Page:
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Five of Britain’s best steam train journeys

31 December 2015
1. The Bluebell Railway

The attractive Bluebell Railway is famous for being the first preserved standard gauge steam-operated railway to offer public service carriages. The line runs from East Grinstead to Lewes and is manned mainly by volunteers. The railway's preserved locomotive collection which dates back to before the railway was closed in 1968 - (prior to being re-opened) is the second largest in Britain behind the National Railway Museum, and is testament to the line's commitment to preserving steam-hauled rail travel. The railway's second claim to fame is the plethora of TV shows and films that it has featured in, these include Foyle's War, The Theory of Everything and The Woman in Black amongst others. 

2. Jacobite Steam Train

The Jacobite steam train combines two things that make the perfect rail journey, magnificent scenery and a steam locomotive. It runs along the West Highland Line in the remote Scottish Highlands, a line which has frequently been voted the best rail journey in the world. This train crosses miles of remote landscapes sparsely populated with wildlif3e and little else, it also spans the majestic Glenfinnan Viaduct - to top off an exhilarating journey. The train runs from Fort William to Mallaig, a line which has been made even more famous by the Harry Potter Films.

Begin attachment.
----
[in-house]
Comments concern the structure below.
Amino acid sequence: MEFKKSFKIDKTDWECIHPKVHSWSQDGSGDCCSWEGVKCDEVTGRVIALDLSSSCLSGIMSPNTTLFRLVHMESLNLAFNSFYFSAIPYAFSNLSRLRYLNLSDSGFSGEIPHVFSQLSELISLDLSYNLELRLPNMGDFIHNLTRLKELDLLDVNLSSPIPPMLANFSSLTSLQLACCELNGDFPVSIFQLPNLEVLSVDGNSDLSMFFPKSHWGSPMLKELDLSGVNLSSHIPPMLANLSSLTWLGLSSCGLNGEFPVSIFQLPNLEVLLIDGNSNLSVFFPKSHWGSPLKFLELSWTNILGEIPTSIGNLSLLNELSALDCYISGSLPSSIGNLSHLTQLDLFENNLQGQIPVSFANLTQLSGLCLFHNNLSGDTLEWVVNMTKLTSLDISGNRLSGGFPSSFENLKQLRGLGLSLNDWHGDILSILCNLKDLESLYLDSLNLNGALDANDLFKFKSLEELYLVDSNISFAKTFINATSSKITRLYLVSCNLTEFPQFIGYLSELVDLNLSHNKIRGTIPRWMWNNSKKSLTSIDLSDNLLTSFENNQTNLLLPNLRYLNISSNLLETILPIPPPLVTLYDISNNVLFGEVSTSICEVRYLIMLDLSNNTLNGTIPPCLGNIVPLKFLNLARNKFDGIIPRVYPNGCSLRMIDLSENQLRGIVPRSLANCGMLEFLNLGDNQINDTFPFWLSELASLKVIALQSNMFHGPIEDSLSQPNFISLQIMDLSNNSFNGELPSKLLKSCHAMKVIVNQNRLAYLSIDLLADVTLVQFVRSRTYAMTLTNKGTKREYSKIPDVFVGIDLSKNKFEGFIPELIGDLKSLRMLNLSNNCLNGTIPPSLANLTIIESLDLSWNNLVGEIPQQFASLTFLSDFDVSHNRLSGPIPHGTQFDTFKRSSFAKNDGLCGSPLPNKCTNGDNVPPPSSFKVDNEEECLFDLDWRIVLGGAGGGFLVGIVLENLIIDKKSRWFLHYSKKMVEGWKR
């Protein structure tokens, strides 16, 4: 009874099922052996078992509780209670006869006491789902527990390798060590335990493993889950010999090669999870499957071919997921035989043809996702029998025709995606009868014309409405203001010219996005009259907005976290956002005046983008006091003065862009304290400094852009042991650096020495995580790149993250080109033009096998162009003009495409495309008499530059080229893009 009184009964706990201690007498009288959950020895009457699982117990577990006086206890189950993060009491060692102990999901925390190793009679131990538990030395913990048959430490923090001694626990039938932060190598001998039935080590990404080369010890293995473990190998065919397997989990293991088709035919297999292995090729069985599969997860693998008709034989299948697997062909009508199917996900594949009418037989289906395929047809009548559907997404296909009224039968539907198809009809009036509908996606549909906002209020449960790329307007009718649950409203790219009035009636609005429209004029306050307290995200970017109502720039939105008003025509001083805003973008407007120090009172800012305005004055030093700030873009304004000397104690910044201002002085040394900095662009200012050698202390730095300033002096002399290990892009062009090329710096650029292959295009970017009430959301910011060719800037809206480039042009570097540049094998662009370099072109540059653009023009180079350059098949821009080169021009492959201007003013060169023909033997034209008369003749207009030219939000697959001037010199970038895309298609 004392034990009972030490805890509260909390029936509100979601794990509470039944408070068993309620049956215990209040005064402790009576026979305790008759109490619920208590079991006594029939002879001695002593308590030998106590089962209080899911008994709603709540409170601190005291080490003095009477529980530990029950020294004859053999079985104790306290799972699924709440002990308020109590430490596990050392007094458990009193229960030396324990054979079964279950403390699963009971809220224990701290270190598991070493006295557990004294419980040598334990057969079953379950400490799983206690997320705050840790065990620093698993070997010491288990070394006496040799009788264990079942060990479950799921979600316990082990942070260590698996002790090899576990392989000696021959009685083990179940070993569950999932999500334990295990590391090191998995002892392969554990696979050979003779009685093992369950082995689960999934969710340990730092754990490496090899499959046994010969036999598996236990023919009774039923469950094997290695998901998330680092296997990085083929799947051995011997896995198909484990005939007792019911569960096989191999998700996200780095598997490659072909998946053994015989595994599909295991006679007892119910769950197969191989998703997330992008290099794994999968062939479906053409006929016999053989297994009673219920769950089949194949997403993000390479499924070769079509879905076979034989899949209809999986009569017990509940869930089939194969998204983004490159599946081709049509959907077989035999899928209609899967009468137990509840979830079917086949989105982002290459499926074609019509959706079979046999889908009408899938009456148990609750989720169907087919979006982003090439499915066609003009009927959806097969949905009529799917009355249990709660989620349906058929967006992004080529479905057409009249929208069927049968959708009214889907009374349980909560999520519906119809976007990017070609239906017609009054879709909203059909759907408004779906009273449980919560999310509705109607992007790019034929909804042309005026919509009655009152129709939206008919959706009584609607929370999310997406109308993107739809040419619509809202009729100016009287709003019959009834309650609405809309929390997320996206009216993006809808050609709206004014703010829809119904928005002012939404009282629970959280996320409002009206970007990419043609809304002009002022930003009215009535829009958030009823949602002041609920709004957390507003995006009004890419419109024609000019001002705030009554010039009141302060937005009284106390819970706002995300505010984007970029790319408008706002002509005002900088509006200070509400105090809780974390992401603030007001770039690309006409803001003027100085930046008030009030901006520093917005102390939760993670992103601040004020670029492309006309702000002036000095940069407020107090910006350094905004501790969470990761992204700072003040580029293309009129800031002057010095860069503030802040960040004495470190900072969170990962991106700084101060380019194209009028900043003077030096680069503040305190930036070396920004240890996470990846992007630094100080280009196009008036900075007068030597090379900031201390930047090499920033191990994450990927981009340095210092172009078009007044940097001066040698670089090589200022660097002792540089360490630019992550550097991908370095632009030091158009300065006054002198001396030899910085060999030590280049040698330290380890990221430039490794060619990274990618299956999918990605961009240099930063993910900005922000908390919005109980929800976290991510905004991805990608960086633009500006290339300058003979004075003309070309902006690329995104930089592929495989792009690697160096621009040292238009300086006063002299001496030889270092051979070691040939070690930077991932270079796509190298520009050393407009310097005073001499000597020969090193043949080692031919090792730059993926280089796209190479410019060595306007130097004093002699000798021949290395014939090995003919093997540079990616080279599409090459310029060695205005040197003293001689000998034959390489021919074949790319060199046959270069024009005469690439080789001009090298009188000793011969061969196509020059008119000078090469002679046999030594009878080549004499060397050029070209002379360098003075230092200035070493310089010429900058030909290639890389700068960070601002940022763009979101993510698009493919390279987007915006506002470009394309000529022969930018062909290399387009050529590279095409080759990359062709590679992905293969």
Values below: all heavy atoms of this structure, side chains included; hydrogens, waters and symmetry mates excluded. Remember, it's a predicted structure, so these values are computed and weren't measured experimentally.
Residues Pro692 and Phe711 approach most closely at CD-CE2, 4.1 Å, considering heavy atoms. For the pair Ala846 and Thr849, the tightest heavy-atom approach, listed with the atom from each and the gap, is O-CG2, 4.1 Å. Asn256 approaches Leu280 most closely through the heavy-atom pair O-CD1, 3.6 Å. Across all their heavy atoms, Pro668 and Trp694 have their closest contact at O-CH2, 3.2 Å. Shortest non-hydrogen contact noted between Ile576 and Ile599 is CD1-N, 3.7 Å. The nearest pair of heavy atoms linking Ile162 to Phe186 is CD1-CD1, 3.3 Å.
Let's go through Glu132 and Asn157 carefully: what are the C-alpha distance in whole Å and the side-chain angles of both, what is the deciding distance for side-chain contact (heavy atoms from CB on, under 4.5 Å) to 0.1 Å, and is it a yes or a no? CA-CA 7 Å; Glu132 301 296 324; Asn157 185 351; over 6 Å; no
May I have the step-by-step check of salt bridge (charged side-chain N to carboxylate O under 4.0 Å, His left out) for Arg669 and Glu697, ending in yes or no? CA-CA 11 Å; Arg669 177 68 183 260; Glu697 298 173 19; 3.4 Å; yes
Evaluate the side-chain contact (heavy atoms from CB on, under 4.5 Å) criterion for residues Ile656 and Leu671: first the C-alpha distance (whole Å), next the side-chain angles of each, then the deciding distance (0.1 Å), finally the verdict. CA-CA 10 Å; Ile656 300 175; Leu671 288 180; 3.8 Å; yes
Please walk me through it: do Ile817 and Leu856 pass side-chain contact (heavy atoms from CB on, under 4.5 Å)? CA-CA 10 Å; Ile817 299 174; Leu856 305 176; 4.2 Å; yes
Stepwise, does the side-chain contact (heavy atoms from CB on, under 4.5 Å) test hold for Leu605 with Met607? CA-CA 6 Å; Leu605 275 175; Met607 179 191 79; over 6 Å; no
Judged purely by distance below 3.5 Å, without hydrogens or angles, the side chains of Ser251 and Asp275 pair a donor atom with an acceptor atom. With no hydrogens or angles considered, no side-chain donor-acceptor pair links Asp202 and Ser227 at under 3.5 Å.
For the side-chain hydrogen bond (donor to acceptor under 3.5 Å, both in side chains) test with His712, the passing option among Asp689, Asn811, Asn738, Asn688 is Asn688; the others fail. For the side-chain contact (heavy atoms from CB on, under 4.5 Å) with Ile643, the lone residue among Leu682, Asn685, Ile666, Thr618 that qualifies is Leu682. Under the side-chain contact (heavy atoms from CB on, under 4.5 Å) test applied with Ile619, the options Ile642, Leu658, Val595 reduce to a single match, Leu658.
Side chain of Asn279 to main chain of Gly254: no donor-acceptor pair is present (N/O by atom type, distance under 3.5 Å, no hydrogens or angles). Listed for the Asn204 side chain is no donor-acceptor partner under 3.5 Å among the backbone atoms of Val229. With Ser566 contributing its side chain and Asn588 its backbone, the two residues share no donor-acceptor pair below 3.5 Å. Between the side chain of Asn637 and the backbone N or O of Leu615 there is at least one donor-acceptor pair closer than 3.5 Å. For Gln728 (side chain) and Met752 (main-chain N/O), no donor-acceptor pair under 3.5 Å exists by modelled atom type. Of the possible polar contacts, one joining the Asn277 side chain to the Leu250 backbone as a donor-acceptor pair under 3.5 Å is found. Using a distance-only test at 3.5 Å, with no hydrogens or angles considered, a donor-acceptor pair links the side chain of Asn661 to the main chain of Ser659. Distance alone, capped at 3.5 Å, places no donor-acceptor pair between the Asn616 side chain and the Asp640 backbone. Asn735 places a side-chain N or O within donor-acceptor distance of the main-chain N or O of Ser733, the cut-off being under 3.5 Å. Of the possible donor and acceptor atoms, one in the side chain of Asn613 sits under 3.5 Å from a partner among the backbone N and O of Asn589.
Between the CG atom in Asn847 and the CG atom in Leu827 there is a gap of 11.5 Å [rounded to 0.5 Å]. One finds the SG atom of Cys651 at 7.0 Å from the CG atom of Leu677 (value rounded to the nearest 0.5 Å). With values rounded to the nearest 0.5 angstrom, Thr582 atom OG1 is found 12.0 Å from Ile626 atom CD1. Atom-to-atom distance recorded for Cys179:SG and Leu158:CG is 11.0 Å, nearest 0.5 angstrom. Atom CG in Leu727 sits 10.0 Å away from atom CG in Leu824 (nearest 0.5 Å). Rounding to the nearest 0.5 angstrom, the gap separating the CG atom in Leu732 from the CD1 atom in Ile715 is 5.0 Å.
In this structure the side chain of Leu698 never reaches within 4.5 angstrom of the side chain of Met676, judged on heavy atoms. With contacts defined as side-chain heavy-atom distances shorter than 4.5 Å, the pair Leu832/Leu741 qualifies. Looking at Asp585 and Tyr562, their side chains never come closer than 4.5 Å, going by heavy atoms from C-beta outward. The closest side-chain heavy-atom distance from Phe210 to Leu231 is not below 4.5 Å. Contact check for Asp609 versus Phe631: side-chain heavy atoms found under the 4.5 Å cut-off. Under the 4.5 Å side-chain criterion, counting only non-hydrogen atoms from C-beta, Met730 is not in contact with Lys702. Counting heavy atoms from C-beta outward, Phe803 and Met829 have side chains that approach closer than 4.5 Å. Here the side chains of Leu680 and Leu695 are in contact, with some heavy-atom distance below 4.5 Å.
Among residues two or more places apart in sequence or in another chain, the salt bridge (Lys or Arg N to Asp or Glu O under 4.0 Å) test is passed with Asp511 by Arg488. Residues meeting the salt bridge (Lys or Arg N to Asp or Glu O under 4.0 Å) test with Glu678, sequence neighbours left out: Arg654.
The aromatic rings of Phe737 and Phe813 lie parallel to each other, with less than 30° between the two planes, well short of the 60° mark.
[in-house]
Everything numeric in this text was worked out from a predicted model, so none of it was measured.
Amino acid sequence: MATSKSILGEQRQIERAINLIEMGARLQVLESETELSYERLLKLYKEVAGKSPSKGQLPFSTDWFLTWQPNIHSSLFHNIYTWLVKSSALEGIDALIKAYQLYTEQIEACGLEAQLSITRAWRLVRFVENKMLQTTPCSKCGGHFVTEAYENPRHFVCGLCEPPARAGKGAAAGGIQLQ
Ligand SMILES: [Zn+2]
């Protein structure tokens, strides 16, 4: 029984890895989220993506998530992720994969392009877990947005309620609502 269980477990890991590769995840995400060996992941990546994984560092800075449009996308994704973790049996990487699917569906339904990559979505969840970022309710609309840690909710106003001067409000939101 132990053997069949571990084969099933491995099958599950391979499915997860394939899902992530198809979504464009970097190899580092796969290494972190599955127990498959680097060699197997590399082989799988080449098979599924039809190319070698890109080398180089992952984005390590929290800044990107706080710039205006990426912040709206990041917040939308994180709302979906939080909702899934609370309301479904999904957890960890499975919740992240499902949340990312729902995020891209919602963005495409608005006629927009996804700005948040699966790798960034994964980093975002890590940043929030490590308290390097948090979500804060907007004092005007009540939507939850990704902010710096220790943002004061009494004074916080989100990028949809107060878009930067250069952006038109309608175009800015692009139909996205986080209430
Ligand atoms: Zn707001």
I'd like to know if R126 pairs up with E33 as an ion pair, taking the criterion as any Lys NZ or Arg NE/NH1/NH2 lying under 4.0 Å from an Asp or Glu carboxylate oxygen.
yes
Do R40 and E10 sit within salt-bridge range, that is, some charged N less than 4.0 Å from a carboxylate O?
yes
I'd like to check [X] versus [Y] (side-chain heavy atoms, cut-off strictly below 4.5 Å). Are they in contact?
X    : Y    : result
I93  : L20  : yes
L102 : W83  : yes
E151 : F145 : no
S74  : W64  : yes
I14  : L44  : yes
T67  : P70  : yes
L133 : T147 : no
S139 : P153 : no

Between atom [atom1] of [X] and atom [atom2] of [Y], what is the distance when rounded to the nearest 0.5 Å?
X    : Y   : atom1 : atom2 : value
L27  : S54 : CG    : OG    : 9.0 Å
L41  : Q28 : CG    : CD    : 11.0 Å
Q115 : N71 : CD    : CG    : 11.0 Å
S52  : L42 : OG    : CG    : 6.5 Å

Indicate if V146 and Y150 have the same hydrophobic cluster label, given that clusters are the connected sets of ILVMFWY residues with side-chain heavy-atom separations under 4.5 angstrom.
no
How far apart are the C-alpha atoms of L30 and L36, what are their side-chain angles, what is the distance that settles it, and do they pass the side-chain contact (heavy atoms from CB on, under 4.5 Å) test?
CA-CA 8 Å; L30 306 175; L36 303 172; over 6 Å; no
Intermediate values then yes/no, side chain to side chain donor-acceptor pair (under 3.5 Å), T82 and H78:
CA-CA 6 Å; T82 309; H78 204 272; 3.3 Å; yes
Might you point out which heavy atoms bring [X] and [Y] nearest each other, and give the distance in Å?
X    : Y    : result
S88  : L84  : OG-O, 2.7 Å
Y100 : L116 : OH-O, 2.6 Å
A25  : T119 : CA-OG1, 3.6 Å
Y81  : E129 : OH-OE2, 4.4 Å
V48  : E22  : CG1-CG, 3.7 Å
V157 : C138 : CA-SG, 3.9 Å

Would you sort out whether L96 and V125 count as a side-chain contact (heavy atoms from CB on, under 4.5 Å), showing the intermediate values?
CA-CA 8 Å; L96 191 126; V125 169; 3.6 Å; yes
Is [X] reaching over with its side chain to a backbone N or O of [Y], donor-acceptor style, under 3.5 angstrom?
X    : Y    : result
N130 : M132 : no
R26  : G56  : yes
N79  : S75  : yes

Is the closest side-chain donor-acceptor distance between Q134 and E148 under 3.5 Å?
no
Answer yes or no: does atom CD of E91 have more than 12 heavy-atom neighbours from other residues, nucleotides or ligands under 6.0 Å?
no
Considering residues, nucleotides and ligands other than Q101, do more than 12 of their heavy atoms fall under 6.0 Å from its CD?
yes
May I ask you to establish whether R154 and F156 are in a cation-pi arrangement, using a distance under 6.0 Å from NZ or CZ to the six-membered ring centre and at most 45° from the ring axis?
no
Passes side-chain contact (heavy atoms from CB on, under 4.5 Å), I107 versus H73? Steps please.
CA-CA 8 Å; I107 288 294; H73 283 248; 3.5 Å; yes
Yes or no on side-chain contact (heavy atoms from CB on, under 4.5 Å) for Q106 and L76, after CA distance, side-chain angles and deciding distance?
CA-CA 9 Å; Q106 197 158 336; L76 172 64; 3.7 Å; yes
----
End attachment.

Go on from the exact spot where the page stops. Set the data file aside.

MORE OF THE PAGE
3. North Yorkshire Moors

The North Yorkshire Moors Railway is one of England's most popular heritage steam journeys. It harks back to the Golden Age of British rail travel, with its restored carriages and nostalgic railway stations. The train runs from Pickering to the scampi capital of England, delightful Whitby. Along the route the North Yorkshire Moors delight with their acres and acres of rolling green scenery. The railway first opened in 1836 to transport both goods and passengers to and from Yorkshire's east coast. Closed in 1965 after falling victim to 'Beeching's Axe', the railway was eventually reopened in 1973 after the efforts of an enthusiastic preservation society. 

4. The Poppy Line

The scenic North Norfolk Railway or 'Poppy Line'- so named because of the large contingent of poppies that furnish the side of the track, is a steam-hauled heritage railway that runs between Sheringham and Holt on around 5 miles of track. The line's scenic nature has long drawn tourists from all over the country, yet its charm isn't confined to the delectable nature of its route. This railway has a heavy focus on theme days, with a number of historic stations and a museum that make use of the proud heritage that abounds here. 

5. Ffestiniog Railway

The Ffestiniog Railway was founded by an act of Parliament in 1832, and today is the oldest surviving railway company in the world. The line was originally built to transport quarried slate from the mountains around Blaenau to the coast, and on to Porthmadog. The railway continued to be successful until the decline of the slate industry and eventually closed in 1946. It re-opened as a tourist attraction in 1954, completing its transformation from a fully-industrial railway to popular tourist attraction.